How to Dry Tomatoes in a Dehydrator

Taking dried tomato slices off a dehydrator shelf
Dorling Kindersley/Getty Images

Dried tomatoes don't have to be "sun-dried" to be delicious. If you live in an area where Mother Nature is not always your friend, you can give her a boost by drying your tomatoes in a dehydrator. If you opt to dry your tomatoes in the dehydrator, you won't lose a drop of goodness, but you will save time. Plus, your favorite recipes won't be changed an iota if you alter the drying method for your tomatoes.

It's relatively easy to dry your tomatoes in a dehydrator, and for the most part, the appliance does the majority of the work for you. You should set aside about 15 minutes to cut up the tomatoes and lay them on the drying rack, but the whole process takes about six to eight hours to complete.

Keep an eye on your tomatoes to be sure they are not crisping up too much or starting to blacken.

Preparation

With your knife, slice tomatoes in strips between 1/4- and 1/2-inch  thick. Less than that will tend to yield dark tomatoes, while thicker pieces dry unevenly.  For oval shapes such as pear or Roma tomatoes, slice them lengthwise. If the strips are more than 1/2-inch, cut them in half.

Spoon out the seed gel, being careful not to puncture the skin. This step greatly reduces the drying time. You can also use the tip of a peeler to complete this step, Some people skip this step and use the seeds in other recipes, such as chili or pasta.

.Arrange the tomato pieces skin side down on the dehydrator trays. Leave space between tomato pieces on all sides so the air can circulate.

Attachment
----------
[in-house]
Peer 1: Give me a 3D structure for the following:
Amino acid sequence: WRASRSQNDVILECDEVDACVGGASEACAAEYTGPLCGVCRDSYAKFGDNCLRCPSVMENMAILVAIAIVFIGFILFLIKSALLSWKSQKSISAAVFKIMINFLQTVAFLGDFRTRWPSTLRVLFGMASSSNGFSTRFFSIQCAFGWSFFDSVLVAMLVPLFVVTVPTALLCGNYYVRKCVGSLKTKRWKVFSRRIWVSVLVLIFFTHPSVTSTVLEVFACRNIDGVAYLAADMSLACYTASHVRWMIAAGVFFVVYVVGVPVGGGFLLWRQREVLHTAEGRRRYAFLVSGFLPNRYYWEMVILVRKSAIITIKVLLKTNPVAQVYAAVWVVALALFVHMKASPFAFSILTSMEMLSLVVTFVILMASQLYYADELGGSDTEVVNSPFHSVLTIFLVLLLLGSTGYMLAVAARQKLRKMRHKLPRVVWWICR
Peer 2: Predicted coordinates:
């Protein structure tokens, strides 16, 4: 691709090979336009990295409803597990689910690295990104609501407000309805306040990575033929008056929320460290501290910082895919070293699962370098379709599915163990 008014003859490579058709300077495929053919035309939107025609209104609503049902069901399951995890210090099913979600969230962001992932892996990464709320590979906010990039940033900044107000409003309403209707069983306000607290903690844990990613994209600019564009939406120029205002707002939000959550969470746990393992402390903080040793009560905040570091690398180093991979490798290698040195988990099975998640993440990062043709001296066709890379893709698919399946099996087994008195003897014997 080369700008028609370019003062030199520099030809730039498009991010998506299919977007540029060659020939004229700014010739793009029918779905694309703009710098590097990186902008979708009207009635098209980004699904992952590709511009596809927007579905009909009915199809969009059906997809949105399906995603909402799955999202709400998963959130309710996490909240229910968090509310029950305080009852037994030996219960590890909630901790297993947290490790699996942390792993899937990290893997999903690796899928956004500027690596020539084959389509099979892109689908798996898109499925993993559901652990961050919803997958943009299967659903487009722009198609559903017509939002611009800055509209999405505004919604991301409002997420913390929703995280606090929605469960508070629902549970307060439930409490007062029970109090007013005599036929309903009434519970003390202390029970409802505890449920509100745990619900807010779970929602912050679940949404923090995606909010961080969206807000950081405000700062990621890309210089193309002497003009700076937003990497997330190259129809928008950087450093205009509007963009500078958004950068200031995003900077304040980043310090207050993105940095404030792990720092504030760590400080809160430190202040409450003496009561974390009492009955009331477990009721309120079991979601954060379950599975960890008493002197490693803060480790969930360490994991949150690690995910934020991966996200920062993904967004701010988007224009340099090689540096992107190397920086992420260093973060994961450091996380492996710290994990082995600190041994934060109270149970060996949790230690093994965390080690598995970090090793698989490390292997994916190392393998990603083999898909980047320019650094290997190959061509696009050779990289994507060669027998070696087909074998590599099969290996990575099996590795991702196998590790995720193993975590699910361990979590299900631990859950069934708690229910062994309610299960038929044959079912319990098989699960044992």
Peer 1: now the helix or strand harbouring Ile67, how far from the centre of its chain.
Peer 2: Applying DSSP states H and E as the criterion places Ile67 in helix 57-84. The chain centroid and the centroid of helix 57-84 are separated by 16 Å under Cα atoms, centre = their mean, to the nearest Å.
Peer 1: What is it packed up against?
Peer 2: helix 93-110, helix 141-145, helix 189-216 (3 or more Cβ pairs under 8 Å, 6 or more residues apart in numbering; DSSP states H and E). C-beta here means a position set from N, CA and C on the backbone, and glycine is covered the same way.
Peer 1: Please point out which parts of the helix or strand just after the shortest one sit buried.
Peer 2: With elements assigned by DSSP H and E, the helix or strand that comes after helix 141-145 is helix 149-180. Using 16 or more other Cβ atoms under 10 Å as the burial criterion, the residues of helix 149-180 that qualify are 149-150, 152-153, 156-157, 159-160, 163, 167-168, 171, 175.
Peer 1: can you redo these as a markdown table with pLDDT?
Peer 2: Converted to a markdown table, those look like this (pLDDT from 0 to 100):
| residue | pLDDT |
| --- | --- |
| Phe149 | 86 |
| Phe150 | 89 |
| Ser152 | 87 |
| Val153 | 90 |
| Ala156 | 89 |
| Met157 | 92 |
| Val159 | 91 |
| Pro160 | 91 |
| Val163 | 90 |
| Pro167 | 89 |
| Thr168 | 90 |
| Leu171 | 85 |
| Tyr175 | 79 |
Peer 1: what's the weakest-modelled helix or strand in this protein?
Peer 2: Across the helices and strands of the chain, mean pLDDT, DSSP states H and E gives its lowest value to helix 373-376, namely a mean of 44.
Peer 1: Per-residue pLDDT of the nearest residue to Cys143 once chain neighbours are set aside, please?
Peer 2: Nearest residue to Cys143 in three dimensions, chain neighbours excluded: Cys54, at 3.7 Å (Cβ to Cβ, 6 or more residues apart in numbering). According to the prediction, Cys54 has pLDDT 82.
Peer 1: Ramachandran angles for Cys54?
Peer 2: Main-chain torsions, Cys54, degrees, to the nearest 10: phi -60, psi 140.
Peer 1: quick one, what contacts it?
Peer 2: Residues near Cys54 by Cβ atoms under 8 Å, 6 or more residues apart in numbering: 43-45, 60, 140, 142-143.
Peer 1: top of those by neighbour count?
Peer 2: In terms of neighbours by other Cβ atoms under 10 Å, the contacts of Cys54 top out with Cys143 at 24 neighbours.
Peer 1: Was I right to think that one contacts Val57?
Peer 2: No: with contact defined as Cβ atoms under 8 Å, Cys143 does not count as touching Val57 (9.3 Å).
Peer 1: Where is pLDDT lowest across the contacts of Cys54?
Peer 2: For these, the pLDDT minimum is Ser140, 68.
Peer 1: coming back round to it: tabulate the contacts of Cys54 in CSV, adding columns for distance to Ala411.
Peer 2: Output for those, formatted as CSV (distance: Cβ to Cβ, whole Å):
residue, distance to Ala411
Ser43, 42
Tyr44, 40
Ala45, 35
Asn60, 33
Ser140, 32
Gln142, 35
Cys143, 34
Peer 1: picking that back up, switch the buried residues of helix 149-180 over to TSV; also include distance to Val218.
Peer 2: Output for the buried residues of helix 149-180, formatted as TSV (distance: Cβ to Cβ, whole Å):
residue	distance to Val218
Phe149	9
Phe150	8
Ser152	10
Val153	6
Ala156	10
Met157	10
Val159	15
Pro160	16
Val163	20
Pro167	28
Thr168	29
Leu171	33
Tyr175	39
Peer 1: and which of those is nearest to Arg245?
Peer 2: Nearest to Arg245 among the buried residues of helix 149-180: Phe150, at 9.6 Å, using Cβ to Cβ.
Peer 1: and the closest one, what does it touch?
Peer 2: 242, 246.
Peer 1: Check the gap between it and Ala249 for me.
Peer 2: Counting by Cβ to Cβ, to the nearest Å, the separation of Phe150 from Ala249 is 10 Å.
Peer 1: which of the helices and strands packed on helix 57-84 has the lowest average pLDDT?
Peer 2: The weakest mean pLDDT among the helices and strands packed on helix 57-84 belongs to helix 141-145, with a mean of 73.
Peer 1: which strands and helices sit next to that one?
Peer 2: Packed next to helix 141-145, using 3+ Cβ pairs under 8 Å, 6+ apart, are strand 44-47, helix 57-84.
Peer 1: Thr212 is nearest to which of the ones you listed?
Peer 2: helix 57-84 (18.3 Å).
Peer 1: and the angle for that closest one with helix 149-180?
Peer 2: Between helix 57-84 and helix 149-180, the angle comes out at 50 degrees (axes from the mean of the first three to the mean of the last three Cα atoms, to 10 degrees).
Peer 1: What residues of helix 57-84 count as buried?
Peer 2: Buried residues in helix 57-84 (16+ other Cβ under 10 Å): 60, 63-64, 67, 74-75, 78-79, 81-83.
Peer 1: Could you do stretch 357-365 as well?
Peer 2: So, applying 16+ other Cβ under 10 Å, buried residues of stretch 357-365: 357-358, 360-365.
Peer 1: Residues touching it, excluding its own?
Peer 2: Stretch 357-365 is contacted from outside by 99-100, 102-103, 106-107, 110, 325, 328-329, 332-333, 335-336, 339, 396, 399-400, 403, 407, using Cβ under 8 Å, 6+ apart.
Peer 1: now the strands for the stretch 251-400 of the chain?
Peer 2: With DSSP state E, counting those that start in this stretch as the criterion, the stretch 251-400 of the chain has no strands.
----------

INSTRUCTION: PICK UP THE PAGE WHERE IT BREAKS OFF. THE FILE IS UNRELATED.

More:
Temperature Control

Set your dehydrator for 135 F. Let tomatoes dry until they are leathery or start to crisp, which will usually take 6 to 8 hours. Keep your eyes on the drying trays.

If you mix varieties of tomatoes, the liquid content varies—as does the time it takes the tomatoes to dry.

Remove trays and let the tomatoes cool for 10 minutes.

Storing Your Tomatoes

Keep your fresh pieces of sun-dried tomatoes in an airtight bag or storage container in your refrigerator for six to nine months. You can also freeze them, but be sure there is no moisture on your tomatoes to avoid freezer burn.

You can also put your tomatoes in a jar with seasoned olive oil—think garlic and fresh herbs, such as oregano and basil for an Italian flavor or without additional seasoning. You can use the oil for salad dressings, too. Use your tomatoes within three months to avoid the threat of botulism.

Rehydrating the Tomatoes

To use, reconstitute your dried tomatoes by pouring boiling water over them and letting them soak for 15 minutes. If that process leaves your tomatoes too tough, try using either vegetable or chicken broth. Just pour the broth and an equal amount of water over the tomatoes and microwave them for about 2 minutes.

You're ready to use reconstituted tomatoes can be safely stored in the refrigerator for up to two weeks.